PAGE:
First, stop obsessing over identity. We can and should support policies that benefit disadvantaged groups, from criminal-justice reform to a higher minimum wage and affordable health care. But our tendency to insert race, sex and sexual orientation into everything gives the impression that we are more committed to narrow groups than Americans as a whole.
Second, change the Manichaean outlook. Liberals increasingly tend to shame and “cancel” anyone who doesn’t conform to our thinking on complex social issues. We wield political correctness like a club. It’s been well-documented that voters in 2016 saw Trump as an antidote to political correctness—and it isn’t only conservatives. Eighty percent of Americans—including three-quarters of blacks and more than 80% of Asian-Americans, Hispanics and American Indians—disapprove of political correctness.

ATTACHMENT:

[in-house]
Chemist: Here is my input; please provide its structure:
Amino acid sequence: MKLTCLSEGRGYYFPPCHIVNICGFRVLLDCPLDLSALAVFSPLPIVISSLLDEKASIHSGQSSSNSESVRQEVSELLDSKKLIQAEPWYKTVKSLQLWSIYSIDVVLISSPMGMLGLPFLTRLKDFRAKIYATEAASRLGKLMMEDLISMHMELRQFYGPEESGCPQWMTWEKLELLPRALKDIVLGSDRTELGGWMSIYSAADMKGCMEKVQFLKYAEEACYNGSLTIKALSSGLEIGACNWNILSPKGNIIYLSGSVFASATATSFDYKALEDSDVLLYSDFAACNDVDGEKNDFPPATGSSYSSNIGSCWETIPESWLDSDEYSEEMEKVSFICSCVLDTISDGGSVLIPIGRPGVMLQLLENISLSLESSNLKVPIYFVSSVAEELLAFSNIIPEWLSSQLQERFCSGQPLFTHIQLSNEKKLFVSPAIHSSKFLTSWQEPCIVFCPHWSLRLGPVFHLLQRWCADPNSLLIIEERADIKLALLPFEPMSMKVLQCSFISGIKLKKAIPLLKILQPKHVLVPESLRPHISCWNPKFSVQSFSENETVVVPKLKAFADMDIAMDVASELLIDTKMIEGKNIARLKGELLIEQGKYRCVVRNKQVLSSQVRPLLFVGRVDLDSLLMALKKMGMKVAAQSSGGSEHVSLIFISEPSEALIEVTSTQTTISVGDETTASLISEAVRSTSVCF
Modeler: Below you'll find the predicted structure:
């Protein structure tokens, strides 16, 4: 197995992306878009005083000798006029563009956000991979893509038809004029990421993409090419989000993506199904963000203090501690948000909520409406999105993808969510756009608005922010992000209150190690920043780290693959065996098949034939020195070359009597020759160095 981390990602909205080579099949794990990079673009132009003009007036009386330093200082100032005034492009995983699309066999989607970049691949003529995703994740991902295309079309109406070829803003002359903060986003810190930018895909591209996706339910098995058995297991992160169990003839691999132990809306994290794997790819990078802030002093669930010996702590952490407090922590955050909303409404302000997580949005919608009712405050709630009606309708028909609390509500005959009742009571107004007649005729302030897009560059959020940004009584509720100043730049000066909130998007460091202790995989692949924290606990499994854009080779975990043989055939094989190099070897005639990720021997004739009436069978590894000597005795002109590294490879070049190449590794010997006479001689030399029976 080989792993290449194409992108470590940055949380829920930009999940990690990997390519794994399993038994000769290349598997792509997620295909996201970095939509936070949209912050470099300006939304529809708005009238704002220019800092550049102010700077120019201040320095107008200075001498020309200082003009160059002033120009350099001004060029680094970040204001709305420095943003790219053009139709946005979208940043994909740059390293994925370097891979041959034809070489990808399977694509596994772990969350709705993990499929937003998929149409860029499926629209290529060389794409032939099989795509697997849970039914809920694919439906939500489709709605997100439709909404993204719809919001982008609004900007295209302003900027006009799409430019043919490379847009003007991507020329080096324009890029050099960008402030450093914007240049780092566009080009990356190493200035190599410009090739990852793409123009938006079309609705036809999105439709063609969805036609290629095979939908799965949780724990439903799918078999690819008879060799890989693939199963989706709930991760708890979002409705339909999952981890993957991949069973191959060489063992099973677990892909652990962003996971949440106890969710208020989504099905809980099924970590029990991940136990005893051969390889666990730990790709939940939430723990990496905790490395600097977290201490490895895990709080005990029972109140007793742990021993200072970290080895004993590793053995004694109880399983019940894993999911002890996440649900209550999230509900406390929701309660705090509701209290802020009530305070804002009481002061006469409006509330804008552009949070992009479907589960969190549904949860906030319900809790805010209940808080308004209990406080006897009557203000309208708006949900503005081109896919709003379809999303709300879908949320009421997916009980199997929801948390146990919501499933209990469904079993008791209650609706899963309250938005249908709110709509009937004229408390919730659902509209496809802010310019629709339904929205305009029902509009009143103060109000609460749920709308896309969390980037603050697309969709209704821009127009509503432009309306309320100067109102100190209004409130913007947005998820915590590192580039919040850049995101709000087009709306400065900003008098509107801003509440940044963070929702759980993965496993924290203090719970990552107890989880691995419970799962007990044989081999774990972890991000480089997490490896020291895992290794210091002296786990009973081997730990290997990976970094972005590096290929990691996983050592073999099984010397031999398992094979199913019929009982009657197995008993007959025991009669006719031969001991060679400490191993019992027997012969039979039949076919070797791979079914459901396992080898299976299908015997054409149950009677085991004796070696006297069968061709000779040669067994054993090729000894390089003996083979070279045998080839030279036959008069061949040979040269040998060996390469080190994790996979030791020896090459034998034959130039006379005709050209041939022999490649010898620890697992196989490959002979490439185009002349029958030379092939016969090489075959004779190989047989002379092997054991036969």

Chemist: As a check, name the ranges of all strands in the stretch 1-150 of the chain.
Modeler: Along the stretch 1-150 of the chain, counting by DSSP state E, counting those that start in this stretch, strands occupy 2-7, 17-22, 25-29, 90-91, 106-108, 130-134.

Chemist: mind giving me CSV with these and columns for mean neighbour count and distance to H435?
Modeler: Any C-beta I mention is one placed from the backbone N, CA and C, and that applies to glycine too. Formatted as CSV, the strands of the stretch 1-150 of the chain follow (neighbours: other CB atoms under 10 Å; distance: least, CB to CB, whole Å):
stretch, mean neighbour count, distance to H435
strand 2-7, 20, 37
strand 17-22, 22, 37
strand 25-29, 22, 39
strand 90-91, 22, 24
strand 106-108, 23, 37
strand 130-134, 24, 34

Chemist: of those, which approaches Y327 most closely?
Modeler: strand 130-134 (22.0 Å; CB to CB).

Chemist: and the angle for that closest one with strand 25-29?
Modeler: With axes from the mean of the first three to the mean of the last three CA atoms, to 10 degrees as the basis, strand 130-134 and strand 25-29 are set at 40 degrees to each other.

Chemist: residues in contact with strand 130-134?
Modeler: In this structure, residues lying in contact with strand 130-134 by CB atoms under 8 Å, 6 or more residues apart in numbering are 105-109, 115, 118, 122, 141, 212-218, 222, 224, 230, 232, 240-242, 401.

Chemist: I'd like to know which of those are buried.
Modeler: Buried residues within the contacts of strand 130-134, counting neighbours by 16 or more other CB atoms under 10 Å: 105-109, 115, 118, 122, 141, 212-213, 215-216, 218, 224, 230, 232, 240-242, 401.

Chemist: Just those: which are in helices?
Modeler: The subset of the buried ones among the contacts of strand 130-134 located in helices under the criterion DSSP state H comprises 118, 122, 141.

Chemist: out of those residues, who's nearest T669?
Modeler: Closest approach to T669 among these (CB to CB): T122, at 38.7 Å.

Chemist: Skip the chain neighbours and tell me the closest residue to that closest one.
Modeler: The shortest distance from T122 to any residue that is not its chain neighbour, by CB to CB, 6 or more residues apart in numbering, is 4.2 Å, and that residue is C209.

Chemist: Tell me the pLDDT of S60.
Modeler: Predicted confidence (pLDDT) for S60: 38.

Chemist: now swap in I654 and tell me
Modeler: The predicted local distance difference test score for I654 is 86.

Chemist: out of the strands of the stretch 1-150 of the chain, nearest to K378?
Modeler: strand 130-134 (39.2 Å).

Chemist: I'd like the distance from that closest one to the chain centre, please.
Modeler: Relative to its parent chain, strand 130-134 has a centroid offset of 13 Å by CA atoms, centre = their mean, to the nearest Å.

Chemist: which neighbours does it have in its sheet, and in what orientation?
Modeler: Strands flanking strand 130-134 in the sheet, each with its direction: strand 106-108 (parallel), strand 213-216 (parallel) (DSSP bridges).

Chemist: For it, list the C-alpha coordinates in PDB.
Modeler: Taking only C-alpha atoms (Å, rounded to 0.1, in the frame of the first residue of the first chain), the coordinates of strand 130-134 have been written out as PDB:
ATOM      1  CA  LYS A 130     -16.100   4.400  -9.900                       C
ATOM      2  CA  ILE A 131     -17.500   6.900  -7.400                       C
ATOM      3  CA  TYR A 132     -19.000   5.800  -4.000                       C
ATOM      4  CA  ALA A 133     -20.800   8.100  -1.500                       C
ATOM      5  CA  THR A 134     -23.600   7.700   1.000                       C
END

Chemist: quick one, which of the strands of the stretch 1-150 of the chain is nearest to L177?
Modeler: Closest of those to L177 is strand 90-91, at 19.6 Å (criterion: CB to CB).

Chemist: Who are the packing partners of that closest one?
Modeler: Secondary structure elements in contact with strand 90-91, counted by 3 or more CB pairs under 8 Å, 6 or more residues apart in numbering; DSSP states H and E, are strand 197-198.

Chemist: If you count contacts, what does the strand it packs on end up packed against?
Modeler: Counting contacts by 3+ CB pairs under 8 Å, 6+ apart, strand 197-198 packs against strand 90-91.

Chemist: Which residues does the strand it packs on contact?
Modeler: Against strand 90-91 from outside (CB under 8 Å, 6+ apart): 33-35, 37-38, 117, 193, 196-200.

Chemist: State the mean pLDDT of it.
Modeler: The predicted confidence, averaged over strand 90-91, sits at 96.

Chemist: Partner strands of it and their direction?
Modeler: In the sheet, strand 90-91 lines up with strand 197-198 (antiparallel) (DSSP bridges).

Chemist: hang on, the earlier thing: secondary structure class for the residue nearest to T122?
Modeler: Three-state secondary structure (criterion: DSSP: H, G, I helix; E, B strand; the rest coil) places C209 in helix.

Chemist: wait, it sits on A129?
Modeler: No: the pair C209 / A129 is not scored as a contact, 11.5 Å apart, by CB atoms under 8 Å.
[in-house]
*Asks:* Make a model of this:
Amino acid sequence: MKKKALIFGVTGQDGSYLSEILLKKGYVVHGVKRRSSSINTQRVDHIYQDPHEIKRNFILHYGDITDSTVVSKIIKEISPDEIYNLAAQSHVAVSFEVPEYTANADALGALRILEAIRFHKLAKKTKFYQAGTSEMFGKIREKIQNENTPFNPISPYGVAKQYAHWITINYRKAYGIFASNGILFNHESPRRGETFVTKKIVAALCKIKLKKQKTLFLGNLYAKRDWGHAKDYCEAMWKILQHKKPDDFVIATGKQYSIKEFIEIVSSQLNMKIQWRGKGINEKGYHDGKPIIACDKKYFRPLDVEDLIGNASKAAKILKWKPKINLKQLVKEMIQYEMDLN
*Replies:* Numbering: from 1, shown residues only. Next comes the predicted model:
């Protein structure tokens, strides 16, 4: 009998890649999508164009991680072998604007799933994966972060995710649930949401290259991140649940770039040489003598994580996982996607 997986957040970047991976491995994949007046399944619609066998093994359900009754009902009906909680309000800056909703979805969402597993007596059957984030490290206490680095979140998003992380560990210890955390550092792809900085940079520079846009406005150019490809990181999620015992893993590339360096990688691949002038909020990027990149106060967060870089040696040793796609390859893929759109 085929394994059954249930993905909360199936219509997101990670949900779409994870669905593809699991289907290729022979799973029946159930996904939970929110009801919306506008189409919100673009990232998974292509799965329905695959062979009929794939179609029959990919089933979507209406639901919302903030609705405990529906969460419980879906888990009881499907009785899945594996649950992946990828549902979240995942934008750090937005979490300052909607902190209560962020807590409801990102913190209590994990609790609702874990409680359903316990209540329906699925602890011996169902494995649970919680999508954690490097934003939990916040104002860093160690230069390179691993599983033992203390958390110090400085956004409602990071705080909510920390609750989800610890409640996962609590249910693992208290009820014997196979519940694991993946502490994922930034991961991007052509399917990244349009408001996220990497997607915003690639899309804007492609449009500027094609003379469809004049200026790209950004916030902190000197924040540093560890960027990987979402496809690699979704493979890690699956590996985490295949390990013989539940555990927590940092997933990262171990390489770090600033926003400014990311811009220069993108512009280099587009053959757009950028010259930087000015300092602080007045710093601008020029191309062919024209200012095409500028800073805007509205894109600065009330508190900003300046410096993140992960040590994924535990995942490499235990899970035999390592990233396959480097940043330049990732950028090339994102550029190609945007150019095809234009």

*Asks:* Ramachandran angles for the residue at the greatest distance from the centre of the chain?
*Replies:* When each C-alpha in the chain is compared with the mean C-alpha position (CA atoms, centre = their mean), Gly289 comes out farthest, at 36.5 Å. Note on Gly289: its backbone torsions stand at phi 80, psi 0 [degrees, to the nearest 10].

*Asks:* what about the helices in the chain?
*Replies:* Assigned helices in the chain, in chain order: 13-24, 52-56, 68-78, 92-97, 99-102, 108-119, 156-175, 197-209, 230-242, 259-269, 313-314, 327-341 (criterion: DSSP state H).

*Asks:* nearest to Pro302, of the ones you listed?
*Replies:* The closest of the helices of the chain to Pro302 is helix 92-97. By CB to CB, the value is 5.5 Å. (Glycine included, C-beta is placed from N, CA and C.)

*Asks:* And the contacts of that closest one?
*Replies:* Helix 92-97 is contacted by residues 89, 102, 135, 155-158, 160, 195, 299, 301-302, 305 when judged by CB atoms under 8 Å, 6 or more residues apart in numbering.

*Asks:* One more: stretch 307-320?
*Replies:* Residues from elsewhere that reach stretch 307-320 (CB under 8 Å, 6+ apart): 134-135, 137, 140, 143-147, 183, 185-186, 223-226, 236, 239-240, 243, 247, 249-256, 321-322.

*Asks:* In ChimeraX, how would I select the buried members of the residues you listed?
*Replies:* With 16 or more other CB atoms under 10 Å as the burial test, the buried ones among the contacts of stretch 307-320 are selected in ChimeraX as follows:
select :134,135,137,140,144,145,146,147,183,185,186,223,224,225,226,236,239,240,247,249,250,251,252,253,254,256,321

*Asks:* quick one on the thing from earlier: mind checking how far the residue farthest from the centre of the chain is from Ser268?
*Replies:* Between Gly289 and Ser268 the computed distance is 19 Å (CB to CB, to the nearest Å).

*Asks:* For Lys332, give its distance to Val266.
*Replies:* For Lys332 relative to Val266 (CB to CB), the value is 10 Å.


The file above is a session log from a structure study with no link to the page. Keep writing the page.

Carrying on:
Third, cultivate a fuller understanding of justice. Our fanatical embrace of the oppressor-victim narrative finds us quick to assign guilt or innocence based on narrow identity markers like race and sex, seeing women as always victims, men as always aggressors, minorities and immigrants as by definition innocent. We’ve rightly drawn attention to disparities in everything from police brutality to mortgage lending, but we’ve become reckless in the process. Think of the way progressives believed Jussie Smollett ’s preposterous hate-crime claim and condemned Al Franken without evidence.